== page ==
Matt Bomer Interview: ‘The Sinner’
“It was really terrifying,” admits Emmy nominee Matt Bomer about his starring role on the USA Network anthology crime drama “The Sinner.” Bomer plays troubled school teacher Jamie burns, who struggles with rage, depression and suffocating emotional detachment. “For me personally, rage and anger is not an emotion I can fake. It’s something I have to dig into and find.” Watch our exclusive video interview with Bomer above.
Over three seasons of “The Sinner,” SAG nominee Bill Pullman has starred as Detective Harry Ambrose, who investigates bizarre new murder cases by identifying the psychology behind a killer’s actions, giving the audience insight into a character’s motivations, desires and demons. The show premiered in 2017 with Emmy nominee and executive producer Jessica Biel starring as a young mother who brutally murders a man without provocation. Its second season focused on a 13 year-old boy (Elisha Henig) who confesses to brutally poisoning a man and woman that he is traveling with.
This past season sees Bomer’s character involved in a suspicious car crash, and he spirals out of control as the episodes progress. Bomer admits that the role was so challenging and draining that it left him literally speechless when the cameras stopped rolling on the final day of shooting. “The final scene we shot was my final scene and within an hour of wrapping I completely lost my voice for two weeks! So there was something coming through me that needed to get out of me by the time we were finished,” he admits.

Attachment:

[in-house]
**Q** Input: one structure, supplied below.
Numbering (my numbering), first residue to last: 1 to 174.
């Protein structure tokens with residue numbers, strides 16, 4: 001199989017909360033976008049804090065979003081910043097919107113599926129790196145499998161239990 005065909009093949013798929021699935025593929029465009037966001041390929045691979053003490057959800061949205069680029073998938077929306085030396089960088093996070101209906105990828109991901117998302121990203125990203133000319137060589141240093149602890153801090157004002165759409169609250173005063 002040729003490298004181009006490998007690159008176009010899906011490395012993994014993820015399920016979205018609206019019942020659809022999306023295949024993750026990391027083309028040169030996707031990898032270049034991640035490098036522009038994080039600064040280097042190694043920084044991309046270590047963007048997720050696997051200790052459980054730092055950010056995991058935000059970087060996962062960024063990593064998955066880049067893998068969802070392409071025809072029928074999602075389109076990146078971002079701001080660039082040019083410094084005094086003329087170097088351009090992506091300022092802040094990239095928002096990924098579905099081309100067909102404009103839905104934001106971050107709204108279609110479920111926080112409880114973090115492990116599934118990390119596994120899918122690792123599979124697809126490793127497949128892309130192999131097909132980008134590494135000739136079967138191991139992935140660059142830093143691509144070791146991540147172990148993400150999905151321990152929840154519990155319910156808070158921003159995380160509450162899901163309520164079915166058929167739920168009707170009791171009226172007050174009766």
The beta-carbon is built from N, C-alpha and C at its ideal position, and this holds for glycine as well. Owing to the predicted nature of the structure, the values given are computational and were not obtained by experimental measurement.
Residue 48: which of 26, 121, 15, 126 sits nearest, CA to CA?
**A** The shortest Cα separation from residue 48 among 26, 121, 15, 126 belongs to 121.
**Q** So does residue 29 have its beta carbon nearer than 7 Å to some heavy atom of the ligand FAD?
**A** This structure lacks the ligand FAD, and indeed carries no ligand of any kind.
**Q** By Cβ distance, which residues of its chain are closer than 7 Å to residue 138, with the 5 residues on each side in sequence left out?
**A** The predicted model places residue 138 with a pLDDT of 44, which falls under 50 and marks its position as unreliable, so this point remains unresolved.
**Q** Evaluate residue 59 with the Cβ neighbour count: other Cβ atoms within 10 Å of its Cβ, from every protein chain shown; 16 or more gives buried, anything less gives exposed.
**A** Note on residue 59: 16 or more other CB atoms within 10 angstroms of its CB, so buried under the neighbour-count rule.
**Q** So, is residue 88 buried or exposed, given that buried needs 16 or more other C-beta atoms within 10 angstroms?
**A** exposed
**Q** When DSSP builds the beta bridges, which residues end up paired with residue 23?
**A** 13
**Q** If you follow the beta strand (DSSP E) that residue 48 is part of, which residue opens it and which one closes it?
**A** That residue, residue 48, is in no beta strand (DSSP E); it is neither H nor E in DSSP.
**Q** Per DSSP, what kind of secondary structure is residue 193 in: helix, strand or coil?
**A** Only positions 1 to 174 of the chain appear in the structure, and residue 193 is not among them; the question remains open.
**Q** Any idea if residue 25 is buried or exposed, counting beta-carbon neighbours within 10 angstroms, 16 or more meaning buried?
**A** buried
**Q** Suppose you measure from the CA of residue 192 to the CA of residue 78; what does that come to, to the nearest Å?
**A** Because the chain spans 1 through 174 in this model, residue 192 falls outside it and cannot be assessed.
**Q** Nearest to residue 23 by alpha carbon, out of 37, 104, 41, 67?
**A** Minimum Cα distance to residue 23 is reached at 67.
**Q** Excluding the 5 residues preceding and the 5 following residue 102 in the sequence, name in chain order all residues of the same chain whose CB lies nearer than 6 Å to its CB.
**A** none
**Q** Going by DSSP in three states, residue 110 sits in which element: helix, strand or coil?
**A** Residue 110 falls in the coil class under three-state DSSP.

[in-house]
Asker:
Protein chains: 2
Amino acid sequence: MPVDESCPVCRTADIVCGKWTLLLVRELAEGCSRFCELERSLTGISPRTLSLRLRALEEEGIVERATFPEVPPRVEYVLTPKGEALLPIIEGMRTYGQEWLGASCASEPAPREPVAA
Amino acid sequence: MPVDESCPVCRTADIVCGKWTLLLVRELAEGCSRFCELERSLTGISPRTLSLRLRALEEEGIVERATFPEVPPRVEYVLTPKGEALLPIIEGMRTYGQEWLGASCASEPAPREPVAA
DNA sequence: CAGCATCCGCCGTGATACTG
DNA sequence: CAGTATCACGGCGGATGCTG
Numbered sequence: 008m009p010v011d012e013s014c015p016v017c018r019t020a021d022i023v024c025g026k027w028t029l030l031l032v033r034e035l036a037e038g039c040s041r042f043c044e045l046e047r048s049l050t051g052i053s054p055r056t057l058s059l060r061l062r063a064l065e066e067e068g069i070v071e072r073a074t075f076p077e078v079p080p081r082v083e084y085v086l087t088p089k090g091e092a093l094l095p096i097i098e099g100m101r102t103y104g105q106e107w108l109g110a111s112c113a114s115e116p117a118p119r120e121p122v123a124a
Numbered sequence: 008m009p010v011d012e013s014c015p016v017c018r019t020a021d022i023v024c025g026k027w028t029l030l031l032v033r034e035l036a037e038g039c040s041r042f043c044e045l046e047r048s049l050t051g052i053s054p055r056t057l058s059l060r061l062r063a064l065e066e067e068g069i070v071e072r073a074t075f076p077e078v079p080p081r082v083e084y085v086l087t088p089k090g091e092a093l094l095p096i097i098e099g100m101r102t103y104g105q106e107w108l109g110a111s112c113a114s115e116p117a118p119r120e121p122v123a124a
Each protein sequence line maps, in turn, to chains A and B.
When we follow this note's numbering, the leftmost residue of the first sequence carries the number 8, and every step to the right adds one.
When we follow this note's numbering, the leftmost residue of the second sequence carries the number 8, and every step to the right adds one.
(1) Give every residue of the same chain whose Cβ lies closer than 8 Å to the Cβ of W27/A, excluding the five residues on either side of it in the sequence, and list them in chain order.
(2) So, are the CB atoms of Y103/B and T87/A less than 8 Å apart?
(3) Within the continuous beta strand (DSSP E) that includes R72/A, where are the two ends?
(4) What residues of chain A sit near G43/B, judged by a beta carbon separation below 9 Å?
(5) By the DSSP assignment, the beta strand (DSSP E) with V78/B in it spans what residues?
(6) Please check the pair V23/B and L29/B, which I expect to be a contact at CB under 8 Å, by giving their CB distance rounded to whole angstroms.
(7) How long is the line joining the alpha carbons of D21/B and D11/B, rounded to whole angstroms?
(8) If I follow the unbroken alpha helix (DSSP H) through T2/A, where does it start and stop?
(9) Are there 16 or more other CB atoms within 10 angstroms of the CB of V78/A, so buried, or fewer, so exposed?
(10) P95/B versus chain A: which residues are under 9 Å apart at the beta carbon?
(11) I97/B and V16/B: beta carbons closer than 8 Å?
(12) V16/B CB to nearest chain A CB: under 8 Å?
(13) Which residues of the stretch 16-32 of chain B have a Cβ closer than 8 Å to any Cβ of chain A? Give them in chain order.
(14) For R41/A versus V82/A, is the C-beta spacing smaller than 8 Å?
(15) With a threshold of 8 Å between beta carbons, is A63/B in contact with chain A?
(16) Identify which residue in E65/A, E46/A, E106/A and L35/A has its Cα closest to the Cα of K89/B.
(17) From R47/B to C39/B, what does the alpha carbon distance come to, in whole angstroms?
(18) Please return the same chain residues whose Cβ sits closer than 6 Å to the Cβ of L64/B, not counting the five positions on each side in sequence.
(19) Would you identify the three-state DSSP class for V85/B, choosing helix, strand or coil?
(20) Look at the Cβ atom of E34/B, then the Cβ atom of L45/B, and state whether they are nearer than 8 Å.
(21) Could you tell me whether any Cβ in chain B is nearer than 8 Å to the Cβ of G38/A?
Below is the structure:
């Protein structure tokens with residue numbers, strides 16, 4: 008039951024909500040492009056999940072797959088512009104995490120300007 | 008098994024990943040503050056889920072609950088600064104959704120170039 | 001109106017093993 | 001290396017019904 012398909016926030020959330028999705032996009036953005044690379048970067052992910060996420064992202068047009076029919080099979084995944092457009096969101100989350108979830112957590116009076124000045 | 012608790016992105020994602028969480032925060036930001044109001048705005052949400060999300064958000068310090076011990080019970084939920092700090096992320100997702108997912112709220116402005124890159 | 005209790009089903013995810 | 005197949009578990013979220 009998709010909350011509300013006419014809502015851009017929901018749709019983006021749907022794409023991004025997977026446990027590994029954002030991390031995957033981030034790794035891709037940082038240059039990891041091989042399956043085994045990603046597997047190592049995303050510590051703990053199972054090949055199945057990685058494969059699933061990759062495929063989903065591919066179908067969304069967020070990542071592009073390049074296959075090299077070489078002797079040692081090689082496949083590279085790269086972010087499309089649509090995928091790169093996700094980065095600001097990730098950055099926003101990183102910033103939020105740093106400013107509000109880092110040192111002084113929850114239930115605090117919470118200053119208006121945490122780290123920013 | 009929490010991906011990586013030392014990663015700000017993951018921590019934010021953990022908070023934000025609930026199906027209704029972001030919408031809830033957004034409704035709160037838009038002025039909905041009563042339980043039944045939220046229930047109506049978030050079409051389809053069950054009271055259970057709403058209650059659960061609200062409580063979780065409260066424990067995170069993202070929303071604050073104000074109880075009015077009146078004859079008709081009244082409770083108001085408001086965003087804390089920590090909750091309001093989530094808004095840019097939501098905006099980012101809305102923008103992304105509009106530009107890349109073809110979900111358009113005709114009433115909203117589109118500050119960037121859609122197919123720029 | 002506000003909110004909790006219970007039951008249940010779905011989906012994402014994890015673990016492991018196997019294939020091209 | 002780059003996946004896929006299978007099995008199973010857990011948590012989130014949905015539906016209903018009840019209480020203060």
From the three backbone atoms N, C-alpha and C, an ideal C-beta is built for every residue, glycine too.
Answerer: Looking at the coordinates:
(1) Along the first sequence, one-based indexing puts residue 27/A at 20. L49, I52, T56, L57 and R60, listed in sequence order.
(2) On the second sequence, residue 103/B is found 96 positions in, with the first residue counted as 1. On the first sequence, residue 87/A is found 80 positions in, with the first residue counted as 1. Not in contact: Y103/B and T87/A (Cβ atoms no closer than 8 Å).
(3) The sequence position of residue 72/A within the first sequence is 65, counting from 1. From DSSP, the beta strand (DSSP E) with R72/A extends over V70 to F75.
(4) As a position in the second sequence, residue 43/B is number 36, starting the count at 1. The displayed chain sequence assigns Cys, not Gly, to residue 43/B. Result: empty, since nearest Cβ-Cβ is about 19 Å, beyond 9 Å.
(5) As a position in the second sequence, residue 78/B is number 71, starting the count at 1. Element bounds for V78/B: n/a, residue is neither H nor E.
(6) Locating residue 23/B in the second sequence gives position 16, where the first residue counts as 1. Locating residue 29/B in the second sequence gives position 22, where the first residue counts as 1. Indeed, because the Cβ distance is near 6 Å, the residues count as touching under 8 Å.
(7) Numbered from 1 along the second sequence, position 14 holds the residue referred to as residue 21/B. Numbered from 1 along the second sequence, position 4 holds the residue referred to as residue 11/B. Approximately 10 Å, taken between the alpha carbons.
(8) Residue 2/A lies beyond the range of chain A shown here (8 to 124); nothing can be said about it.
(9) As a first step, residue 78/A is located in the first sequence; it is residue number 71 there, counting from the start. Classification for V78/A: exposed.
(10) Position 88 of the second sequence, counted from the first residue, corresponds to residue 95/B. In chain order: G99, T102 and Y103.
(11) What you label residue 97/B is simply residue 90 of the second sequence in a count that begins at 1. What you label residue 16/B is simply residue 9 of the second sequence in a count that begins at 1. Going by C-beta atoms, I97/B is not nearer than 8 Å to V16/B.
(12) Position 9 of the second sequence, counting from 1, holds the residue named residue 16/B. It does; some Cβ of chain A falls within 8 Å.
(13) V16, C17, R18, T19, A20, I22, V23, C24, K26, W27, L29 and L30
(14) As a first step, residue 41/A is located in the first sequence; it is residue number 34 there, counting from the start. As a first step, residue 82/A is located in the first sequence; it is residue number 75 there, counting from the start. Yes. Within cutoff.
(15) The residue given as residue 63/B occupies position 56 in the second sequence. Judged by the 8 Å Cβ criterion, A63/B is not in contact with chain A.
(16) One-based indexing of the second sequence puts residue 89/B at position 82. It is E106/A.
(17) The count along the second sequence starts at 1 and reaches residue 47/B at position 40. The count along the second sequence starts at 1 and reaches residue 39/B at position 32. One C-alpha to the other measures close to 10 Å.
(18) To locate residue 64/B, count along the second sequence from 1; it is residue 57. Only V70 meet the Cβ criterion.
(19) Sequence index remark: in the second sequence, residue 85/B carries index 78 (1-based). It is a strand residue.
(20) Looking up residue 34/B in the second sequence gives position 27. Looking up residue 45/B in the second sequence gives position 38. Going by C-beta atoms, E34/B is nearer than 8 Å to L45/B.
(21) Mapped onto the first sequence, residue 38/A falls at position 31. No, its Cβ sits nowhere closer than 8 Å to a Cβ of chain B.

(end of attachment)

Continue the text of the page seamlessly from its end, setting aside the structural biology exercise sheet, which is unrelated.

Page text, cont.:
Despite his character’s questionable behavior, Bomer was keen for audiences to empathize with Jamie and not write him off as just another psycho. We never switch off and stop caring about him, largely because of the nuance that Bomer and showrunner Derek Simonds gave the character. Jamie is “suffering from a profound sense of spiritual disconnection,” he explains, which resulted in a suffocating pent-up rage that has terrifying and tragic consequences. The character’s journey culminates in a confronting scene where Jamie snaps and explodes in an excruciating, primal rage that we don’t see coming.
“I was very worried about it,” Bomer adds when looking back at that scene and what he had to access internally to give the scene the authenticity it needed. “So much of who Jamie was, was having one life on the outside and a whole different life boiling up inside of him and this was the most or the first really strong outward expression of we got of that. Just completely broken down, no barriers,” he recalls. “You just have to commit to the character’s circumstances and not care about what other people think because you’re going to have to look ugly, you’re going to have to look strange.”